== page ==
When the age that we live in becomes chaotic, cruel or unjust, we often turn to art to try and understand it. History is full of examples.
In the early 20th century in Ireland the young James Joyce wrote a series of short stories that held the mirror up to the paralyzed nation that he saw all around him.
I am quite certain there is a young American writer taking a similar measurement here in the U.S. this week. That's because even the most perfunctory glance can't fail to reveal just how deeply divided the nation has become politically, economically and even socially.
The atmosphere in America is decidedly Shakespearean this week. A hubristic madness, a desire not for peace or prosperity but for revenge and victory, is demonstrably consuming millions. And right on cue along comes a divisive demagogue to take all that roiling public anger and turn it into private opportunity for himself.
There is something quite Shakespearian about Donald Trump too. The public already know that something is rotten in the state of the nation, and to some of us Trump looks like the man to fix it.
To the rest of us, though, he looks like the worst possible path at the worst possible moment. Even his own Republican Party elders are leery of his tendency to blame minorities for the nation’s woes. That kind of angry rhetoric tends to create untouchable classes, isolating them, which ultimately damages the party's popularity, to say nothing of its soul.
But neither Trump nor his most ardent supporters give a fig for the party's popularity or its soul. All they want to do is win.
To win they need everyone else to lose. It's not politics, it's warfare. It's incredible how long it's taken the GOP to understand what they're dealing with.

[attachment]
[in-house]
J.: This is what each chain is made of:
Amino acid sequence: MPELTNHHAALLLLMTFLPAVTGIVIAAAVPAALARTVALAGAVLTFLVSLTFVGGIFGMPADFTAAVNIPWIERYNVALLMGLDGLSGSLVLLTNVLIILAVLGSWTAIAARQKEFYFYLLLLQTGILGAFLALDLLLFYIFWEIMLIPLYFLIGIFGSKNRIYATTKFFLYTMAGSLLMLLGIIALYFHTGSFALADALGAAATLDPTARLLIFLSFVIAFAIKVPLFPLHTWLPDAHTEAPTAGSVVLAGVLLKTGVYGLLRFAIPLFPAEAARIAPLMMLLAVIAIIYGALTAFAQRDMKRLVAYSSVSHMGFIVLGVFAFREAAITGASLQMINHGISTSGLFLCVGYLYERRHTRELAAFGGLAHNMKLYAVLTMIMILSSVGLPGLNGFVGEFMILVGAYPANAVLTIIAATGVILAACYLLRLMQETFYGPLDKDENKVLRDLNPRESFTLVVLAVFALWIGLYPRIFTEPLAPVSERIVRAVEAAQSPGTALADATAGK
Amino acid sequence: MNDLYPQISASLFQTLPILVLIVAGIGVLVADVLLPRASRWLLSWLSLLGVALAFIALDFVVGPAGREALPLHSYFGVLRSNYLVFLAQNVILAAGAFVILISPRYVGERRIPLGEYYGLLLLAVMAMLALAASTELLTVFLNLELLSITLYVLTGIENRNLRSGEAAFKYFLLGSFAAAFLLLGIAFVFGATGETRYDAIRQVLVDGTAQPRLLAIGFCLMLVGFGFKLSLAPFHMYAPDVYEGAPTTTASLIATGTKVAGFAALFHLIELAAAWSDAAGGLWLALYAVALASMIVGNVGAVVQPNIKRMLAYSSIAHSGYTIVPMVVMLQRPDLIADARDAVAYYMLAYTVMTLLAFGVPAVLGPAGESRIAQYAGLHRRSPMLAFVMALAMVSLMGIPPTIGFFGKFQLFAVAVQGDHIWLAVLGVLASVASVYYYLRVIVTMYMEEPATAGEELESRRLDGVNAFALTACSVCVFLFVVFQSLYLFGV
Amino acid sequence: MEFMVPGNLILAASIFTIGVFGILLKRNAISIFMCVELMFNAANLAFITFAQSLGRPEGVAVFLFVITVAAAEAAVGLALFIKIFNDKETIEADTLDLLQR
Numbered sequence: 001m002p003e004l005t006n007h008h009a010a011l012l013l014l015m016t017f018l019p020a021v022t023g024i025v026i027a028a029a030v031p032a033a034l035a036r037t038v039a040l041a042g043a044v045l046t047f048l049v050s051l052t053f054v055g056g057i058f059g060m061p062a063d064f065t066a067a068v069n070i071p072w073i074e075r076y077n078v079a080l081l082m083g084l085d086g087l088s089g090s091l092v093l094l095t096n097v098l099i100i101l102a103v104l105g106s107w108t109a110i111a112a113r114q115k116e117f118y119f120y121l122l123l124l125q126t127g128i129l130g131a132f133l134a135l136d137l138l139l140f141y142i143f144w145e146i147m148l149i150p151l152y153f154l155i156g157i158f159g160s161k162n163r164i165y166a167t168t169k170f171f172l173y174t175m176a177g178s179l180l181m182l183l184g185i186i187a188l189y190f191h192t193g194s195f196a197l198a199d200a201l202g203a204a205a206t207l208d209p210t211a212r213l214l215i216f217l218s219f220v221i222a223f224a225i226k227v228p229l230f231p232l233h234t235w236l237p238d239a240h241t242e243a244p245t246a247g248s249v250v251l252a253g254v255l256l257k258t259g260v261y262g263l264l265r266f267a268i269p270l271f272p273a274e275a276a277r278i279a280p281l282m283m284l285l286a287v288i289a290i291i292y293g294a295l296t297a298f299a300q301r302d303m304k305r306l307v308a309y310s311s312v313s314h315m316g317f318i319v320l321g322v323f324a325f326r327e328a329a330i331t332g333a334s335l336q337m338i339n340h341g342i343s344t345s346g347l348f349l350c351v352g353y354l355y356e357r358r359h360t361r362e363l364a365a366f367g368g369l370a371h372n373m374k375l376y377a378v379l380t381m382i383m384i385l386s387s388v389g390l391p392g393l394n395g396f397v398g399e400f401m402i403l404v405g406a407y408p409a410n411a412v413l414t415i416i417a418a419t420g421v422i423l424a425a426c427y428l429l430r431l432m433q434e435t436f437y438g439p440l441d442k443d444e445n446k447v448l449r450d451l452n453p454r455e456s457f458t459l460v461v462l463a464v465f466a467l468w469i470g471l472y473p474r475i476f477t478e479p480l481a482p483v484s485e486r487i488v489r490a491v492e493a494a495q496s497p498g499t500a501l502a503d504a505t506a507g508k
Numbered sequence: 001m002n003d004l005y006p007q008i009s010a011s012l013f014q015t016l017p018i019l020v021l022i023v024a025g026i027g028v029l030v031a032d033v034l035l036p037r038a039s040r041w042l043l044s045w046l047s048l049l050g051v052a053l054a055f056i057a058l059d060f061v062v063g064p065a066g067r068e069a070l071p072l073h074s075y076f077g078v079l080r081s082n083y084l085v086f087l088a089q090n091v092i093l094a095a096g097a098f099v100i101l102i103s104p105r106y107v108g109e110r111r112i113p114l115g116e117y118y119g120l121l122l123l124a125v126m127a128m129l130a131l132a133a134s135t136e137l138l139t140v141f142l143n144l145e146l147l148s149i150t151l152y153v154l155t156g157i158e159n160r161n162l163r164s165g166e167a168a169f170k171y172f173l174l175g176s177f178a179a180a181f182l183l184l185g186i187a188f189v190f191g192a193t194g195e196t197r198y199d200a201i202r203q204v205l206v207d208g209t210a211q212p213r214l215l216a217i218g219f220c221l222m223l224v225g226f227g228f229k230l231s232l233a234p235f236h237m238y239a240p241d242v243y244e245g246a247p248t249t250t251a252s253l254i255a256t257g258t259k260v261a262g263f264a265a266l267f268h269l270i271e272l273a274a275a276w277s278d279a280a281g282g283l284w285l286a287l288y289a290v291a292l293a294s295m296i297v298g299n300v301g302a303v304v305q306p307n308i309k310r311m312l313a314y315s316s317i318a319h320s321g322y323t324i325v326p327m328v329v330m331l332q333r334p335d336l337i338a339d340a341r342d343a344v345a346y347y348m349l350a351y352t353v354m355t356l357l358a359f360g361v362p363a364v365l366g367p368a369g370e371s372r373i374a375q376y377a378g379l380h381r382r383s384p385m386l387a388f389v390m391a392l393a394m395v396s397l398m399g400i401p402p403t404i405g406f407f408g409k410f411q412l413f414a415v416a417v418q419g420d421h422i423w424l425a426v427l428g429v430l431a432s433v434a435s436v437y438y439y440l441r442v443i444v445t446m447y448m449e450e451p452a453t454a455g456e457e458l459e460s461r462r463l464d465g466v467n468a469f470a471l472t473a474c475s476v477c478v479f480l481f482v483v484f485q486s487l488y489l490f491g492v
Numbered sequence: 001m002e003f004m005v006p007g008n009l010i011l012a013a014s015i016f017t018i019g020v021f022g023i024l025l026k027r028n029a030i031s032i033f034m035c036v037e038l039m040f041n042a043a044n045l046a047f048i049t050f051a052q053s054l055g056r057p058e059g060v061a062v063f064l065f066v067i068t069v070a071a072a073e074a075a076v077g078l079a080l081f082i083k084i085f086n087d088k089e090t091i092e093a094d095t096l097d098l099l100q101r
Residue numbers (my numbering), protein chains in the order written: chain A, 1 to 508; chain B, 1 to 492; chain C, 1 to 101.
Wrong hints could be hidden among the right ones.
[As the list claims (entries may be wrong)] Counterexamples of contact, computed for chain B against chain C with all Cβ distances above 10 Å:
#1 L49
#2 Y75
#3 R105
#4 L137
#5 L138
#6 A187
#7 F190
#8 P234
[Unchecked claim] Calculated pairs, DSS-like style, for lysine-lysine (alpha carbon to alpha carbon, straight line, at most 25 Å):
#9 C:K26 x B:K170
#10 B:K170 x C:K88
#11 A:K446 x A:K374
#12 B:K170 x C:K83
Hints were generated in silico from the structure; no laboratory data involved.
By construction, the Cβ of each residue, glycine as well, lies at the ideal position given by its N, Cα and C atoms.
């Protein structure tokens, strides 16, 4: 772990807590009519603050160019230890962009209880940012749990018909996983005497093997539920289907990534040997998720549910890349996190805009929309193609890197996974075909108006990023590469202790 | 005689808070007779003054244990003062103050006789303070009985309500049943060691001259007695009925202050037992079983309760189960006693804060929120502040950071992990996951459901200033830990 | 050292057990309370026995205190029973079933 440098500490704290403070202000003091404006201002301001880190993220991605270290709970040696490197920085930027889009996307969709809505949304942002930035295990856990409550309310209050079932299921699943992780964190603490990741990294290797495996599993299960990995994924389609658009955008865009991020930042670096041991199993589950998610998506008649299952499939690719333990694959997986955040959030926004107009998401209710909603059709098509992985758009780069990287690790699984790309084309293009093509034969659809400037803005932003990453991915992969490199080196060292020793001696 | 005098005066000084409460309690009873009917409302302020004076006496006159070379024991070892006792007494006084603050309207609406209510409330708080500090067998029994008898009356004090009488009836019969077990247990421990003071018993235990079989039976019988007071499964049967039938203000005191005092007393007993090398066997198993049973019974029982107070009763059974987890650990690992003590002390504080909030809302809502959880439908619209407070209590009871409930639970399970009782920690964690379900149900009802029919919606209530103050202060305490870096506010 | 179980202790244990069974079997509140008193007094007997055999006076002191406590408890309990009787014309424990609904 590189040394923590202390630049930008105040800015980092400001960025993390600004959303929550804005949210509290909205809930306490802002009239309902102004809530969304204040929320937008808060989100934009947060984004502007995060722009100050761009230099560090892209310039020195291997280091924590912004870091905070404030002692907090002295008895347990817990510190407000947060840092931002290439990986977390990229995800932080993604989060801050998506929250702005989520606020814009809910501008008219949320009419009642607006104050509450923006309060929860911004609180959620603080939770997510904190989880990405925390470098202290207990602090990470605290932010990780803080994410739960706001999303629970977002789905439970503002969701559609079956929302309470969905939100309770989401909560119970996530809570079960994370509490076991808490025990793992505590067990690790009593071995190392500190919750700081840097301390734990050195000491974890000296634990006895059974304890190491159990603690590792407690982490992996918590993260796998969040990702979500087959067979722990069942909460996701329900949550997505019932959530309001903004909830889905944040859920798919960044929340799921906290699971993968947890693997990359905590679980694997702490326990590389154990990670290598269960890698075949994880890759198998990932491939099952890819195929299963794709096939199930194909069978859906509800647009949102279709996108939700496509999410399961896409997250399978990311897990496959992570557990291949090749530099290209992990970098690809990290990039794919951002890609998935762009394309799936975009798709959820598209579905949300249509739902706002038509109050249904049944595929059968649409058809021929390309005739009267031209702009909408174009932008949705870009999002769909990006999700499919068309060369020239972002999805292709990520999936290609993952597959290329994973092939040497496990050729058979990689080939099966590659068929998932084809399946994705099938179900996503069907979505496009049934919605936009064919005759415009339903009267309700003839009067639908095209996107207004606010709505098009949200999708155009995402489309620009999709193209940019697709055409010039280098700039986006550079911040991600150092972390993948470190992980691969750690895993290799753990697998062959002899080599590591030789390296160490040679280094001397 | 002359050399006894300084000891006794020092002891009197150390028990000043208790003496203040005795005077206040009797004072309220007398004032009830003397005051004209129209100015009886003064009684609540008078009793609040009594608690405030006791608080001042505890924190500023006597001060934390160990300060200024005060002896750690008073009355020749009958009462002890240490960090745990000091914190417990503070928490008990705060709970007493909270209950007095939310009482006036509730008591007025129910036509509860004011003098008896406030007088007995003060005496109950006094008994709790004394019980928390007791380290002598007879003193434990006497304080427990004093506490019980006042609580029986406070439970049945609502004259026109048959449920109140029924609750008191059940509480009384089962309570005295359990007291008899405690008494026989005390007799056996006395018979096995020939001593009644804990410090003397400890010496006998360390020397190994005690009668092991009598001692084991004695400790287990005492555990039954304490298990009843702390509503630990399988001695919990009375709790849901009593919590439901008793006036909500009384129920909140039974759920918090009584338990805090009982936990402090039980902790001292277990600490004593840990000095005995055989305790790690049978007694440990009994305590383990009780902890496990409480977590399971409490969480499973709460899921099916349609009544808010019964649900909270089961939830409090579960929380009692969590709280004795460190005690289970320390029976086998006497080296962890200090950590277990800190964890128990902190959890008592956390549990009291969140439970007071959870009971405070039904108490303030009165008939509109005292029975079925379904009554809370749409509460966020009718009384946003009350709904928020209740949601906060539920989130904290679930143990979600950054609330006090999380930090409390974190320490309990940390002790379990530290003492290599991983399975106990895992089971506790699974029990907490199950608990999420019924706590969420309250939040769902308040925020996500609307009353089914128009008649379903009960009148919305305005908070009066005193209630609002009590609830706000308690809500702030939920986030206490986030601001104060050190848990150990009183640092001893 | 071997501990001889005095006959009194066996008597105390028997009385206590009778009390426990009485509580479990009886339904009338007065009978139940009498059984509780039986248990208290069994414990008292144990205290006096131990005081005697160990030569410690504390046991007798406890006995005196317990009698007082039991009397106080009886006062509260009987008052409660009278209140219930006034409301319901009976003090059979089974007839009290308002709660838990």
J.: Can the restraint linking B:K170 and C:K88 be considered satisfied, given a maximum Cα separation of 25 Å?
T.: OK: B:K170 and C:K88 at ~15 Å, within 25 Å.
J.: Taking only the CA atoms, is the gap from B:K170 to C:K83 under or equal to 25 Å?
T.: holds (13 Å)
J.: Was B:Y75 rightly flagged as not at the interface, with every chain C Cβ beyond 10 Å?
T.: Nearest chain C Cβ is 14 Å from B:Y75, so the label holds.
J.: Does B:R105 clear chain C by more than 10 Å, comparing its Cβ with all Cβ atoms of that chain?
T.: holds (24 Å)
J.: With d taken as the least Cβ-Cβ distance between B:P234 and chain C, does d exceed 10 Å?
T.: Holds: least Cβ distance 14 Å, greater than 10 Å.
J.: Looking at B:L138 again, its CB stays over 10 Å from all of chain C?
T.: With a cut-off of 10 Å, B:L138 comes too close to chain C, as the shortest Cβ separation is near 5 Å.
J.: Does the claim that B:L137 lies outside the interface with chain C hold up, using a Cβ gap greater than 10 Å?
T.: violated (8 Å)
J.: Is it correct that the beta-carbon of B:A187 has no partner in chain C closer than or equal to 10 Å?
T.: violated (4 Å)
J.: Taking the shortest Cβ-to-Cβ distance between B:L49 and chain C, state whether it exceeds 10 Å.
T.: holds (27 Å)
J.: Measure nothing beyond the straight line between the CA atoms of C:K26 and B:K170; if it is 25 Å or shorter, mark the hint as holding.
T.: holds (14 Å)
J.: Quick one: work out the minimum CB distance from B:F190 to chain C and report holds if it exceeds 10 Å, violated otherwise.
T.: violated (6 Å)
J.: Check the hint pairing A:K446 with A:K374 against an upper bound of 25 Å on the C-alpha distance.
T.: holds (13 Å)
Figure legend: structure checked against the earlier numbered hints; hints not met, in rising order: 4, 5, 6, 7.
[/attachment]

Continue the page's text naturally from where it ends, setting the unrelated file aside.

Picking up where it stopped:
“There is a tide in the affairs of men, which, taken at the flood, leads on to fortune,” writes Shakespeare.
Trump knows all about it, having surfed in on a tidal wave of conservative anger. He rode that wave all the way to the nomination this week. By the end of the week he will likely be the party's presidential candidate.
So the play has been cast and we are where we are. The GOP has chosen the most divisive and bombastic candidate in an era that calls for reconciliation and political skill. And what happens next is likely to inflame the wounds rather than heal them.
Shakespeare can help us understand what is happening to the nation this week because all of these conflicts have happened before. In one of his greatest plays, King Lear, he creates a character who is completely seduced by his own authority.
Lear is powerful and wants to remind you of it. He prefers how things look to how things are.
He has three daughters. The eldest two know are ungrateful and scheming and can play him like a violin. The youngest daughter Cordelia has none of their calculation or insincerity. She simply loves him.
If humanity has a pole star, a place to turn to in times of crisis and collapse, it's to her. Her kind of love, fixed as the firmament, is an aspiration.
At school when we studied the play I never saw her as the doormat or as the goody goody that the school notes often did. I didn't despise her unshakable devotion. I wondered at it.
There is something both deeply human and half celestial about her. I have known people like her. I've been lucky to know a few of them.
America is doing something that is Lear-like this week. It is mistaking bombast for courage. It is mistaking aggression for power. It's mistaking a demagogue for a politician.
I don't really know what one person can do stem such a rising tide. Except refuse to participate in it, I suppose. As Cordelia shows us, that's an action too.
In time, perhaps, the public will come to their senses and understand where fear has led their footsteps. And in time, perhaps they'll discover that the answer they spent their whole lives in search of was standing there looking them in the face all along.